Ningxia is bounded by Shaanxi to the east, Gansu to the south and west, and Inner Mongolia Autonomous Region to the north and has an area of around 66,400 square kilometres (25,600 sq mi). This sparsely settled, mostly desert region lies partially on the Loess Plateau and in the vast plain of the Yellow River, and features the Great Wall of China along its northeastern boundary. Over the years an extensive system of canals has been built. Extensive land reclamation and irrigation projects have made increased cultivation possible.
As a frontier zone between nomadic pastoralists and sedentary farmers, Ningxia was a frequent seat of war and incursions by non-Chinese tribes. To pacify the region, the imperial government established military colonies to reclaim land. In addition, horse pasturages were founded under the Imperial Stud to safeguard the supply of army horses, as early as the Western Han Dynasty (206 BCE – 9 CE). Ningxia and its surrounding areas were incorporated into the Qin Dynasty as early as the 3rd century BC. Throughout the Han Dynasty and the Tang Dynasty there were several large cities established in the region. The Liang Province Rebellion at the end of the Han Dynasty affected Ningxia.
By the 11th century the Tangut people had established the Western Xia Dynasty on the outskirts of the then-Song Dynasty. Jews also lived in Ningxia, as evidenced by the fact that, after a major flood destroyed Torah scrolls in Kaifeng, a replacement was sent to the Kaifeng Jews by the Ningbo and Ningxia Jewish communities.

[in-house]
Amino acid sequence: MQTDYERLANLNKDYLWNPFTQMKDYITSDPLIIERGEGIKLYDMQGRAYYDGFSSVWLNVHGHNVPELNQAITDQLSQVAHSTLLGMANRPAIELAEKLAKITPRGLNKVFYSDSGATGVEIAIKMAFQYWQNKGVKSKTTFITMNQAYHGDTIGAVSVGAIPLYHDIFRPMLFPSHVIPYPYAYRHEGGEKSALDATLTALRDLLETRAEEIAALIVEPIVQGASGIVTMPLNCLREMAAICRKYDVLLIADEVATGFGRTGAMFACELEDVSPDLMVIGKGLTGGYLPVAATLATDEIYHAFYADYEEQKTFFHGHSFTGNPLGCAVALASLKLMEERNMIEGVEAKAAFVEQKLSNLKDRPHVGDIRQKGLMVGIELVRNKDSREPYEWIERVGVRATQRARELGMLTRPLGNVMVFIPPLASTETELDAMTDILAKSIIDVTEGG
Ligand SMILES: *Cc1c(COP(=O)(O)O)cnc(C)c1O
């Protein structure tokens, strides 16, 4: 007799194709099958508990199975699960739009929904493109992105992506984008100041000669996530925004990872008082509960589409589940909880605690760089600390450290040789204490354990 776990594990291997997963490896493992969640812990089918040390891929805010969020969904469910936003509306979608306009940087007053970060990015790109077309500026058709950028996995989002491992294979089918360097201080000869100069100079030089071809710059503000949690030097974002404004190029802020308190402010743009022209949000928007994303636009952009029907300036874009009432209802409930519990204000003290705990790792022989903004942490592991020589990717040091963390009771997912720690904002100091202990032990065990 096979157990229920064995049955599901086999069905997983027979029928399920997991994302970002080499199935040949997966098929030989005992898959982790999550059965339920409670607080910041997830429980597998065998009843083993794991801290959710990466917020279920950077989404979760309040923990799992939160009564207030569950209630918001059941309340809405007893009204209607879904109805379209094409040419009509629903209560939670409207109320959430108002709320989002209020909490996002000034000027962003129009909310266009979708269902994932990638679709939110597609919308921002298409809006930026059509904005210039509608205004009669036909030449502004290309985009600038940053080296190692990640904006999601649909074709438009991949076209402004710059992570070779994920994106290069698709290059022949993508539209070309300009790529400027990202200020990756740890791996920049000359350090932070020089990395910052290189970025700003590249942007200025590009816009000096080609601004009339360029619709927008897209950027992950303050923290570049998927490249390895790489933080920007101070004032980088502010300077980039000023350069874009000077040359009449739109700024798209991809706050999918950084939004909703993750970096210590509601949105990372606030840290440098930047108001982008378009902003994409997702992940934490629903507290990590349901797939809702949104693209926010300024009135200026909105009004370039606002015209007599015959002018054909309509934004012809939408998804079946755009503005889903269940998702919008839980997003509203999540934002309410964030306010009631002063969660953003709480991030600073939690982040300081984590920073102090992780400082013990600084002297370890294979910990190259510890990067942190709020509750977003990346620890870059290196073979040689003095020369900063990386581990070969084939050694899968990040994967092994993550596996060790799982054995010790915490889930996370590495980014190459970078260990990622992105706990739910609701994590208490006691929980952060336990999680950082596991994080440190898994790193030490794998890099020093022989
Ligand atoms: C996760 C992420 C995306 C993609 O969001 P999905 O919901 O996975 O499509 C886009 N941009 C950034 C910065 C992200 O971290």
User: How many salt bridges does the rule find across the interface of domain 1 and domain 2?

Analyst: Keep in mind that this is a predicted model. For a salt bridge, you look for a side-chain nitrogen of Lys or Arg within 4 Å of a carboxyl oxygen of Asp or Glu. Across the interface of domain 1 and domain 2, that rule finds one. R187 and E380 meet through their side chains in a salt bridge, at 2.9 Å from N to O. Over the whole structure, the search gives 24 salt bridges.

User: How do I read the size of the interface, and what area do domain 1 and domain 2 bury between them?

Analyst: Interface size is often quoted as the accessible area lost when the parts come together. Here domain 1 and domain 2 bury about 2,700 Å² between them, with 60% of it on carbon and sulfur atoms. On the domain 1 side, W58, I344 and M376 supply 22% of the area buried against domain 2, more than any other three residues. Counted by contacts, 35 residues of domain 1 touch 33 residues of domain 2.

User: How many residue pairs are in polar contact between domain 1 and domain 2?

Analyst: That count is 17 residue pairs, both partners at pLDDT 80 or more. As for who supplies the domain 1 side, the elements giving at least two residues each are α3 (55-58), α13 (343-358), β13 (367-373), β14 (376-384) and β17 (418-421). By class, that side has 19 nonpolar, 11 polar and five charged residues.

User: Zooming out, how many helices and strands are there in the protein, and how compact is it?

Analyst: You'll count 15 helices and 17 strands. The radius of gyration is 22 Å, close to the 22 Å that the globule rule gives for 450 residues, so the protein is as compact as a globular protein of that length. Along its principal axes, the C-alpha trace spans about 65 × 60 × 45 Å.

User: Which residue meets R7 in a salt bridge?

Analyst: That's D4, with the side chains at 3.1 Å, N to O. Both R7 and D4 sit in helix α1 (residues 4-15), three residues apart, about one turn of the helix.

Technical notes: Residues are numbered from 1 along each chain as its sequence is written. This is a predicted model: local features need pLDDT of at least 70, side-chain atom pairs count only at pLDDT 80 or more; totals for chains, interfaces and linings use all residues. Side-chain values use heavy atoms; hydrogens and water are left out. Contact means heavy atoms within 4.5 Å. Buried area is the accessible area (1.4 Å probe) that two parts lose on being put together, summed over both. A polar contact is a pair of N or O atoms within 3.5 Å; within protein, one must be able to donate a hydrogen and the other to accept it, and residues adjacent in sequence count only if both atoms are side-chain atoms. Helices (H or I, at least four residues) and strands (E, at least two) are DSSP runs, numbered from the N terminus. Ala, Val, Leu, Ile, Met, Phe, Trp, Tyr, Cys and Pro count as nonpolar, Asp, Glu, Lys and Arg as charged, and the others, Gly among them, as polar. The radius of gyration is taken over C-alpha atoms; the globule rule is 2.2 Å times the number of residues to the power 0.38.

It then came under Mongol domination after Genghis Khan conquered Yinchuan in the early 13th century. Muslims from Central Asia also began moving into Ningxia from the west. The Muslim Dungan Revolt of the 19th century affected Ningxia.
In 1914, Ningxia was merged with the province of Gansu. However, in 1928 it was detached from Gansu and became a separate province. Between 1914 and 1928, the Xibei San Ma (literally "three Mas of the northwest") ruled the provinces of Qinghai, Ningxia and Gansu. Muslim Kuomintang General Ma Hongkui was the military governor of Ningxia and had absolute authority in the province. The Muslim conflict in Gansu, which lasted from 1927 to 1930, spilled over into Ningxia. From 1950 to 1958, a Kuomintang Islamic insurgency resulted in fighting throughout Northwest China, including Ningxia. In 1954, the Chinese government merged Ningxia with Gansu, but in 1958 Ningxia formally became an autonomous region of China. In 1969, Ningxia received a part of the Inner Mongolian Autonomous Region, but this area was returned in 1979.